It is all the rage these days to convey information with “big” numbers and the just released report by the Regional Plan Association (RPA) is no exception. The report “Landscapes: Improving Conservation Practice in the Northeast Megaregion” uses state of the art mapping and statistics to look at large landscape conservation initiatives in the densely developed 13 states of the Northeast.
These initiatives seek to protect vital natural and cultural resources in a region of over 72 million people. While they vary in scale and in organizational structure, they share a whole systems approach that is both multi-jurisdictional and multi-objective. The new report makes recommendations for improving these large conservation efforts that stretch across city and state boundaries including how to address governance questions, ensure adequate financial resources, and create tools for measuring the impact of these regional efforts.
So let’s go back to the numbers. The number of large landscape projects launched in the last couple of decades in the Northeastern United States as reported by the Regional Plan Association 165, the number of designated National Heritage Areas 49, the number of areas that want to become National Heritage Areas – even in this congressional environment – more than 12, and the number of Conservation Landscapes Initiatives underway right now in Pennsylvania 7. The number of large landscape projects across the nation, well that is anyone’s guess!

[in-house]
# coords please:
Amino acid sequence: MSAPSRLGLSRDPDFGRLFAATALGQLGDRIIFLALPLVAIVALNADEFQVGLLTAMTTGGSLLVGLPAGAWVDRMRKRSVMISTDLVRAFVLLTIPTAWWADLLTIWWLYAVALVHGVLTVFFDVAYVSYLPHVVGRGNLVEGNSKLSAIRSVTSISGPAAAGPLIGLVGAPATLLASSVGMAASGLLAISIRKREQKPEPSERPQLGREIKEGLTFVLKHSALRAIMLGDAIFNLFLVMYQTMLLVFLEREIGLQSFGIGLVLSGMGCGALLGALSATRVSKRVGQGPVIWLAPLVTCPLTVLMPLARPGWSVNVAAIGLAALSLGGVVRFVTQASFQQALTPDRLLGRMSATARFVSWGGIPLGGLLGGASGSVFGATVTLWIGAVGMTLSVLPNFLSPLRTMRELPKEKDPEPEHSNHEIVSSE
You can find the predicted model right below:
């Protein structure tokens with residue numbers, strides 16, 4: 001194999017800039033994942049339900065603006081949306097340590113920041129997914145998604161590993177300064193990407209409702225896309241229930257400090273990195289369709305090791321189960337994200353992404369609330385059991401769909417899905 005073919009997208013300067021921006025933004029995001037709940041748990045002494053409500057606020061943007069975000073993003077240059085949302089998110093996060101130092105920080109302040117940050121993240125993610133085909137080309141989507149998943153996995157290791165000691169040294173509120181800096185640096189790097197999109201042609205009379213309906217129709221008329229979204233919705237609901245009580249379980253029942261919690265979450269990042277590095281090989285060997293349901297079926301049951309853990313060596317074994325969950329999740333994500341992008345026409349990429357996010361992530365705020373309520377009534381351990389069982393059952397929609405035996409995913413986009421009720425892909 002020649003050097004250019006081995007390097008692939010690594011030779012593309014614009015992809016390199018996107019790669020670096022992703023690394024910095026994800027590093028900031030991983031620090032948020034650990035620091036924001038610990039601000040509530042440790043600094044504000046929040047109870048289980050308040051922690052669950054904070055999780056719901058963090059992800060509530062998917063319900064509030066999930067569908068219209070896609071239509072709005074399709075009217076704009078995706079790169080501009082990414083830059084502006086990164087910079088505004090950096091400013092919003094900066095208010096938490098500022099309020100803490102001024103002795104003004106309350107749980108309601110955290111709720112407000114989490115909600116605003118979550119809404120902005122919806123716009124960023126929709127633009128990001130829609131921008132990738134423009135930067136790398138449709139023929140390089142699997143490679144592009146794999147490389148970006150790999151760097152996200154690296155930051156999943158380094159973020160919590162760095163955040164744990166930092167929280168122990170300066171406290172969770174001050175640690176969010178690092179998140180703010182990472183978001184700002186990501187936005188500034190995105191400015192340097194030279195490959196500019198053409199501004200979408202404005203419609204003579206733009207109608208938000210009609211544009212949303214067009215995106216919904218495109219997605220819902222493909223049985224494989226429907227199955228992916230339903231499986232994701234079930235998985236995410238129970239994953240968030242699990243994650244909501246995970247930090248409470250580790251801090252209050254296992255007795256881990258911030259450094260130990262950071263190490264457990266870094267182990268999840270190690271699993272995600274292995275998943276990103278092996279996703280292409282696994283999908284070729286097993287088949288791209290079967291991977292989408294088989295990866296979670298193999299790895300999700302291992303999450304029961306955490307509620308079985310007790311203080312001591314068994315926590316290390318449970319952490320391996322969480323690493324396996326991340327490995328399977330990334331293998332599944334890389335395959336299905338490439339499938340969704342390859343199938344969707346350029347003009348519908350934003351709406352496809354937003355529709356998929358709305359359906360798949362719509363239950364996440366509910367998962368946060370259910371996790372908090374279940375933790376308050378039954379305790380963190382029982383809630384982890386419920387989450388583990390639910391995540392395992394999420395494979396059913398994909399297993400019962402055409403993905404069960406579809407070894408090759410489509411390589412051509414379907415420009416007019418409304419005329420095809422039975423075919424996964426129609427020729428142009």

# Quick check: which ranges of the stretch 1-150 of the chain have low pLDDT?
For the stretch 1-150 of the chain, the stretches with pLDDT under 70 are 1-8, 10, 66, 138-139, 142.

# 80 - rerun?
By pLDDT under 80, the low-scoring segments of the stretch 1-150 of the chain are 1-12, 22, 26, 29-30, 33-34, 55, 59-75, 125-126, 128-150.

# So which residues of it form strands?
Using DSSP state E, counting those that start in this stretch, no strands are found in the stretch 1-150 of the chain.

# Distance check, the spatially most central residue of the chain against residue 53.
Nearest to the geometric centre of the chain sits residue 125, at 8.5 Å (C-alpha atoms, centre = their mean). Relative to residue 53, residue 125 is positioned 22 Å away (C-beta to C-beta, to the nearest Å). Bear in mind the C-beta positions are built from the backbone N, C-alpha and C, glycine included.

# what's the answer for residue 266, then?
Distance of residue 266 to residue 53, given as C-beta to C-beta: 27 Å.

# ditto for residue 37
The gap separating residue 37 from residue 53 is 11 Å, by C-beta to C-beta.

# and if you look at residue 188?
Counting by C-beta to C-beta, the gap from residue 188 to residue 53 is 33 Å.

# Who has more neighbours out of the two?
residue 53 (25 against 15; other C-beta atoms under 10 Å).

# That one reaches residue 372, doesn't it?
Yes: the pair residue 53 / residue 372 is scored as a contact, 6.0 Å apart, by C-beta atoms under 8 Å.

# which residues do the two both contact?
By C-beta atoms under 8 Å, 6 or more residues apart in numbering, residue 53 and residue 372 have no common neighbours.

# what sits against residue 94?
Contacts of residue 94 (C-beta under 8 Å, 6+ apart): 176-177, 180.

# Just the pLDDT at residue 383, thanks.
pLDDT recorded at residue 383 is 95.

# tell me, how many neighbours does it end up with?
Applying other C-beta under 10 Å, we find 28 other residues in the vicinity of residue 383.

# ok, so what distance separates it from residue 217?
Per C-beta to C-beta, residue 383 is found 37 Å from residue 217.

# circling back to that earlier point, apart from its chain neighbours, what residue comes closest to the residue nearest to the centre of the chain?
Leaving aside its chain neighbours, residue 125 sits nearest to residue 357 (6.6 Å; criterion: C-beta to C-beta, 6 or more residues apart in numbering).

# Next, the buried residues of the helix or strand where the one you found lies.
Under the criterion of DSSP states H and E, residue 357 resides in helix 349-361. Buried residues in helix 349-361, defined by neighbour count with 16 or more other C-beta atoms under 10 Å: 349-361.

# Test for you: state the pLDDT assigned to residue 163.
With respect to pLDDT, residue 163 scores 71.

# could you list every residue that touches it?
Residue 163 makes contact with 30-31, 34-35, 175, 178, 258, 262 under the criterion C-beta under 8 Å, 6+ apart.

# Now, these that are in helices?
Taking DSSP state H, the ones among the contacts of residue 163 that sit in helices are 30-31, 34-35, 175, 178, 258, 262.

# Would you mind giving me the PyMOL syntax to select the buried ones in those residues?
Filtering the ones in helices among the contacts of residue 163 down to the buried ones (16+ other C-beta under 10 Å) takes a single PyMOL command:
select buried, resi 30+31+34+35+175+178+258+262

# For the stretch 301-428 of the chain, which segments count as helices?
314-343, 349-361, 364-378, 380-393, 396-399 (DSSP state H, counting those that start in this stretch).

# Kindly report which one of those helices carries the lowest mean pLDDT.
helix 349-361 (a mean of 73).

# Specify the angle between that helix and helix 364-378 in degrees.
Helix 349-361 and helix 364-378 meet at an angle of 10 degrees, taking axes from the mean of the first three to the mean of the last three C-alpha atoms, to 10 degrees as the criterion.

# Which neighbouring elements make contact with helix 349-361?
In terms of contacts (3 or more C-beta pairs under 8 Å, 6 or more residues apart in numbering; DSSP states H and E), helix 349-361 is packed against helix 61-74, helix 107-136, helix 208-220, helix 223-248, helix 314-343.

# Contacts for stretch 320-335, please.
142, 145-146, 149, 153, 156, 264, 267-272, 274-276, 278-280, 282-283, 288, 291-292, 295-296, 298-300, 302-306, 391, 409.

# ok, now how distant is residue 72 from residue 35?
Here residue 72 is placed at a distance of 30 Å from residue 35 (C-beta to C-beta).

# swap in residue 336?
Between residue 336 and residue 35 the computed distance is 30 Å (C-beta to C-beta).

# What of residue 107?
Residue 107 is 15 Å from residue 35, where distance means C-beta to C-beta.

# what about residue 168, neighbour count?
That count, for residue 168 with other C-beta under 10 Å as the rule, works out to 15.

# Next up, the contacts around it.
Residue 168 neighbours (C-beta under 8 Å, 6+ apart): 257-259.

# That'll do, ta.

To assist this new movement, the Regional Plan Association is funding a peer exchange program in the fall of 2012 for qualified, non-profit organizations. The program will pair emerging landscape initiatives with more established projects in a series of workshops across the Northeast. Landscape scale conservation also will be the topic of a conference scheduled for June 2012 in New York City.
So, by whatever trend-spotting metric you prefer, large landscapes is a growing field. Across the nation, the idea of working on a regional scale by engaging a multiplicity of partners and funding sources is being proposed and, in many cases, acted upon. But, while the program frameworks are different, the critical ingredients are often similar and so are the challenges. In the current political climate, the value of any project that does not deliver direct benefit on the ground (and even some that do!) can expect to be challenged. How to fund the infrastructure of partnerships and how to measure believable outcomes on a large landscape scale is the big question? And if your landscape project has not been asked this question yet, it is coming your way.